Information Update - Fall 2009

The Patriot Act - Still an Issue

Despite the change in presidential administrations, the USA Patriot Act, a law rushed through Congress shortly after the 9/11 attacks, remains a hotly contested issue. Key provisions of the Act will sunset on December 31, 2009, and advocates on both sides of the issue have come forward with campaigns to either reform the Act or to continue its empowerment of government to monitor internet and library users.
In March House Republicans, led by Rep. F. James Sensenbrenner of Wisconsin, introduced the Safe and Secure America Act to extend the three expiring provisions of the Patriot Act for another ten years. Among these is the provision which expanded the types of information the government can demand and also lowered the standard of proof necessary to obtain business records, including library patron records. Under Section 215, the "library provision," the government need only claim that the items sought are relevant to an authorized investigation; they do not need to pertain to a person the FBI is investigating or involved with terrorism or espionage. Proponents of the Safe and Secure America Act point out that since the implementation of the Patriot Act there has not been another 9/11-type attack on American soil.
Opponents of the Patriot Act have been quick to rally. The American Civil Liberties Union issued a report in March examining the abuses that have occurred under the Act. Their report "Reclaiming Patriotism," is available at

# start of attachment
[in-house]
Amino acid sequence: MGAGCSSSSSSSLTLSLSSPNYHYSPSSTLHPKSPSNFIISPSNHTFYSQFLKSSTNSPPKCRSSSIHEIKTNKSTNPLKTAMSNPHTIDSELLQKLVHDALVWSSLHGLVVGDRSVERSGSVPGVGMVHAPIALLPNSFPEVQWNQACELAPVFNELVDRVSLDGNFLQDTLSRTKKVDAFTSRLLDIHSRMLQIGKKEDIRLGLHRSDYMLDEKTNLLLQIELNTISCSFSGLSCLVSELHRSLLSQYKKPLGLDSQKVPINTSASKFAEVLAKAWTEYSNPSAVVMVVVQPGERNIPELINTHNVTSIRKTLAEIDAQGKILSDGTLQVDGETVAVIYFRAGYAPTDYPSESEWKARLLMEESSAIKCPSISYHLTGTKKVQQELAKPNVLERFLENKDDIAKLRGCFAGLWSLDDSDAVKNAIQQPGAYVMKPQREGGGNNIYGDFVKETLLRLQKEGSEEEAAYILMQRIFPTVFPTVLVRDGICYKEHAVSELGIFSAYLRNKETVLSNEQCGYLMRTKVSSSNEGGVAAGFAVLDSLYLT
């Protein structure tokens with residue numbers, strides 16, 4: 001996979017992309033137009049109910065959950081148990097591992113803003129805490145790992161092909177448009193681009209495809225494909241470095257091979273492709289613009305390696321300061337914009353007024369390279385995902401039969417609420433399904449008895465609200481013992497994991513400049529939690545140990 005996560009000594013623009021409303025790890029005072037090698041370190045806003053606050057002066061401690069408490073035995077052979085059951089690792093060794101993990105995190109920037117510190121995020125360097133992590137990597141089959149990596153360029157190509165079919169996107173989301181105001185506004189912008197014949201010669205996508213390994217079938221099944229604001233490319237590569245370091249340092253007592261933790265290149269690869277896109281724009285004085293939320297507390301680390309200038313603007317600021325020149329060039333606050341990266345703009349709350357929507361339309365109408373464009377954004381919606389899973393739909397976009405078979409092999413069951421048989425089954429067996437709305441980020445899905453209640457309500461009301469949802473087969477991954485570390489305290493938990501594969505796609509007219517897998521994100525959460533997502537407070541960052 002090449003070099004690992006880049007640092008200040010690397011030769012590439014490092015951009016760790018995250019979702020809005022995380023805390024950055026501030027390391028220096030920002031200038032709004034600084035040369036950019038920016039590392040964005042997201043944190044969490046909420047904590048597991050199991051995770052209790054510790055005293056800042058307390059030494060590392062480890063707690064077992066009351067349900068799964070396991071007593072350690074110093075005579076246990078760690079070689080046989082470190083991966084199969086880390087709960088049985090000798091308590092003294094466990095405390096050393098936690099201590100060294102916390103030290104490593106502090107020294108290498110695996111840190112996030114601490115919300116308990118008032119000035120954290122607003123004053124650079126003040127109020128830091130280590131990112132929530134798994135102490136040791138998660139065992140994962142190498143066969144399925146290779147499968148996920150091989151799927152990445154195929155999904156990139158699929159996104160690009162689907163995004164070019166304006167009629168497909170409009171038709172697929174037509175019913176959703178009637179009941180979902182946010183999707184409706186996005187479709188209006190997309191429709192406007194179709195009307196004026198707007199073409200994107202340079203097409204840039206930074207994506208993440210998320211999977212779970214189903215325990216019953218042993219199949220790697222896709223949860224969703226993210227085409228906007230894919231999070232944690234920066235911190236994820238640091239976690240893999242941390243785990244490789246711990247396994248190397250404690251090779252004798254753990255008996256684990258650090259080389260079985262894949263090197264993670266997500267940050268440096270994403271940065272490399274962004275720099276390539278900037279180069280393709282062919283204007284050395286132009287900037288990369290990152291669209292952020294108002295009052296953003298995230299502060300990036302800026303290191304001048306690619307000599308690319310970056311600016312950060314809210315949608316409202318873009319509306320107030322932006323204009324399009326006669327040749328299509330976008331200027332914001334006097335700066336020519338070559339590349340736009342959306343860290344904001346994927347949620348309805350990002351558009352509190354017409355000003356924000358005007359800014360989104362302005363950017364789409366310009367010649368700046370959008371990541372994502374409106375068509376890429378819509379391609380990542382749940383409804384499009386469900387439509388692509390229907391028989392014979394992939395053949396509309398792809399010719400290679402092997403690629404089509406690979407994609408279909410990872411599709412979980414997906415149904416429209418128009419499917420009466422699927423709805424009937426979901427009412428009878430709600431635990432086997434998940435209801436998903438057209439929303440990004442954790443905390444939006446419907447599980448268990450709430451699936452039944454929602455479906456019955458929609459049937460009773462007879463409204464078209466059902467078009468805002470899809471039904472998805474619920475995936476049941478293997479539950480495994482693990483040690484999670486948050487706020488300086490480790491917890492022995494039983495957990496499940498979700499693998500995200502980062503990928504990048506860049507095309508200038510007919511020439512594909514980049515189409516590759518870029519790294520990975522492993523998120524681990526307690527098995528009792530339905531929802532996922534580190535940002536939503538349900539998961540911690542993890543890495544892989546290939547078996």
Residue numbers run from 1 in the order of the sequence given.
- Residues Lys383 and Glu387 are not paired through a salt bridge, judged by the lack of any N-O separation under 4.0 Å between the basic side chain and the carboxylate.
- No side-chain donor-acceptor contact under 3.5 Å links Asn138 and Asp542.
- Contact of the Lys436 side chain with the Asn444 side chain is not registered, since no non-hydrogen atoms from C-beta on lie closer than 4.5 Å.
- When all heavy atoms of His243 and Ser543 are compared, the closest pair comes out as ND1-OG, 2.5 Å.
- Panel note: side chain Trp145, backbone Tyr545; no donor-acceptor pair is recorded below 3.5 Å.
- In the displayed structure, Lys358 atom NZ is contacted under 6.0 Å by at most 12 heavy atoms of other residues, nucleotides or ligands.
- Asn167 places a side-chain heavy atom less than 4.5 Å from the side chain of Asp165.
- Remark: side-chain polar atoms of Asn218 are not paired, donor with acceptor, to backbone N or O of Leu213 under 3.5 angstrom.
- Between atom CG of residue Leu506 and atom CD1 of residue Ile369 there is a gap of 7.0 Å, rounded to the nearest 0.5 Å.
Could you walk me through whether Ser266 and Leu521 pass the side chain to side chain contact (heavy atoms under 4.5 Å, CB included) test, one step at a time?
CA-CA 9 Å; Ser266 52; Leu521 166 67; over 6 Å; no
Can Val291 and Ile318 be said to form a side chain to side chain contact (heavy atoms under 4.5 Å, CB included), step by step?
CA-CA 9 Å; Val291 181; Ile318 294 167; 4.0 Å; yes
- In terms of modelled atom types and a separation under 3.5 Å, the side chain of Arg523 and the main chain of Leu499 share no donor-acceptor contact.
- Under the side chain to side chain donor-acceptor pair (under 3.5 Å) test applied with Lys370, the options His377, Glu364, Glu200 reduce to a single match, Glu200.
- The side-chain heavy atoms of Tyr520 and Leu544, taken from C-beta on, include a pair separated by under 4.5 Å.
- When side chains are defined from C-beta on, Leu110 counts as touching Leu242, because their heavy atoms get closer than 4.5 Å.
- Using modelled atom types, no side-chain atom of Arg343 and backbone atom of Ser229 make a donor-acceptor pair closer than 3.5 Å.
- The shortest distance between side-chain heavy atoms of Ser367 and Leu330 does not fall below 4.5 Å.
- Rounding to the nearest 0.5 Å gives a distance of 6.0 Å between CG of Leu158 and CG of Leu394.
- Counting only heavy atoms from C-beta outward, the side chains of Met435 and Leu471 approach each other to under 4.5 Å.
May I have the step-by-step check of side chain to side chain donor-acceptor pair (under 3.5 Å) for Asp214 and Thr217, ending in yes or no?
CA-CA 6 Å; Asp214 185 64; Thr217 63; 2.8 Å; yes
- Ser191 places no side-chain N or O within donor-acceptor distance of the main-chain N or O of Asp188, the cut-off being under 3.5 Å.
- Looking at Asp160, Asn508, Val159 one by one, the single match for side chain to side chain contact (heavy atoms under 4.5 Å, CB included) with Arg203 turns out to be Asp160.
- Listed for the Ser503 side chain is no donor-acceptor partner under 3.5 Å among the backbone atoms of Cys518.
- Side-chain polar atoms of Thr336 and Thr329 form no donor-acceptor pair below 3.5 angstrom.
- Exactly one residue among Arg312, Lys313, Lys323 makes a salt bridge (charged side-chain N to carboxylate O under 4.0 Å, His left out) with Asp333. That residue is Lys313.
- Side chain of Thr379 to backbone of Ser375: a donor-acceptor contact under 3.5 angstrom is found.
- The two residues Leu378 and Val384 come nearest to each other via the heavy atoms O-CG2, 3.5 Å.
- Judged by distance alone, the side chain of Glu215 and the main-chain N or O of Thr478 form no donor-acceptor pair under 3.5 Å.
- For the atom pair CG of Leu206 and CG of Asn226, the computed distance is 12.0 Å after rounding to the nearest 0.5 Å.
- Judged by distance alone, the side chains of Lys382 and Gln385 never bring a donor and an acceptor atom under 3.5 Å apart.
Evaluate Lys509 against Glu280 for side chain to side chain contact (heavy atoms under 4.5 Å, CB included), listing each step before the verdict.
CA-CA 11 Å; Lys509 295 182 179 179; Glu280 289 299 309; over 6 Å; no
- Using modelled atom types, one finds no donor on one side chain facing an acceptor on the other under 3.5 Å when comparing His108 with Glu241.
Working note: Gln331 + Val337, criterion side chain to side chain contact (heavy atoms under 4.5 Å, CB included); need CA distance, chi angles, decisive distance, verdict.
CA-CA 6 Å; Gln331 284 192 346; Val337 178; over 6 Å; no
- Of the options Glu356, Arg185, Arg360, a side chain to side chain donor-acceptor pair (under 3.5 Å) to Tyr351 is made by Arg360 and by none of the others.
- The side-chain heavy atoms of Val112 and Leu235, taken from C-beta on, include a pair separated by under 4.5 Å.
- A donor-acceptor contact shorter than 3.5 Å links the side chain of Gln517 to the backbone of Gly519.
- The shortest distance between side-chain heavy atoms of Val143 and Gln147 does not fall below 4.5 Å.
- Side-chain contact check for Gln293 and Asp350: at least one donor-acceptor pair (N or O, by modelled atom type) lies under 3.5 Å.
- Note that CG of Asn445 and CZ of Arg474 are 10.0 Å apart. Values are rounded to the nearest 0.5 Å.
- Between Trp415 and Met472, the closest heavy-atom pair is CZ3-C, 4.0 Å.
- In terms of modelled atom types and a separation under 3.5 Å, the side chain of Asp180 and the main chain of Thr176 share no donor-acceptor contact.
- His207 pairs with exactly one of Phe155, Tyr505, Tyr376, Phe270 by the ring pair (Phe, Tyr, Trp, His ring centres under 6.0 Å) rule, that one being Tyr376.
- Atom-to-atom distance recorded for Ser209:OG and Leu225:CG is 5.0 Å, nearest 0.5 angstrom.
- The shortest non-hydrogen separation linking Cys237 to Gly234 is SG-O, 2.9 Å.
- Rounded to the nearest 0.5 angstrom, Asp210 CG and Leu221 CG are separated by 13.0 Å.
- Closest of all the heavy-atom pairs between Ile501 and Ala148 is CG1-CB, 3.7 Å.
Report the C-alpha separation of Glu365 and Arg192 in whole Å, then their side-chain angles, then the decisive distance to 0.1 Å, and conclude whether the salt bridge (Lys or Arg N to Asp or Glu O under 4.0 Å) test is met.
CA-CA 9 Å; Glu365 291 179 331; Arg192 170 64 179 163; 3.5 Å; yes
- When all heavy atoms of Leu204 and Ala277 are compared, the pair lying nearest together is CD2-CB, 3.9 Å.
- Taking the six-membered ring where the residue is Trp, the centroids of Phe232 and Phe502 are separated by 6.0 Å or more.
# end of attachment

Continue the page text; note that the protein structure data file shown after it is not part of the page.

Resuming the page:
The Association of American Publishers, the American Booksellers Association, and American Library Association, and PEN American Center launched the Campaign for Reader Privacy to restore safeguards that were stripped away by the Patriot Act. In March a bipartisan bill, the National Security Letters Reform Act of 2009, was introduced into the House, aimed at curbing abuse of power of the federal law enforcement agencies in the wake of the Patriot Act.
Interestingly, patrons of not just traditional libraries, but also electronic libraries, have been the target of investigation. The Internet Archive, which collects and makes available Internet sites and pages from the past, was the object of a demand in November 2007 from the FBI for information about one of its users.
Despite a new regime in Washington, the controversy over the balance of civil liberties versus the need for stricter law enforcement capabilities will continue with no easy solution in sight.
Kevin Norris
Pride, Passion, Promise: Experience Our Jesuit Tradition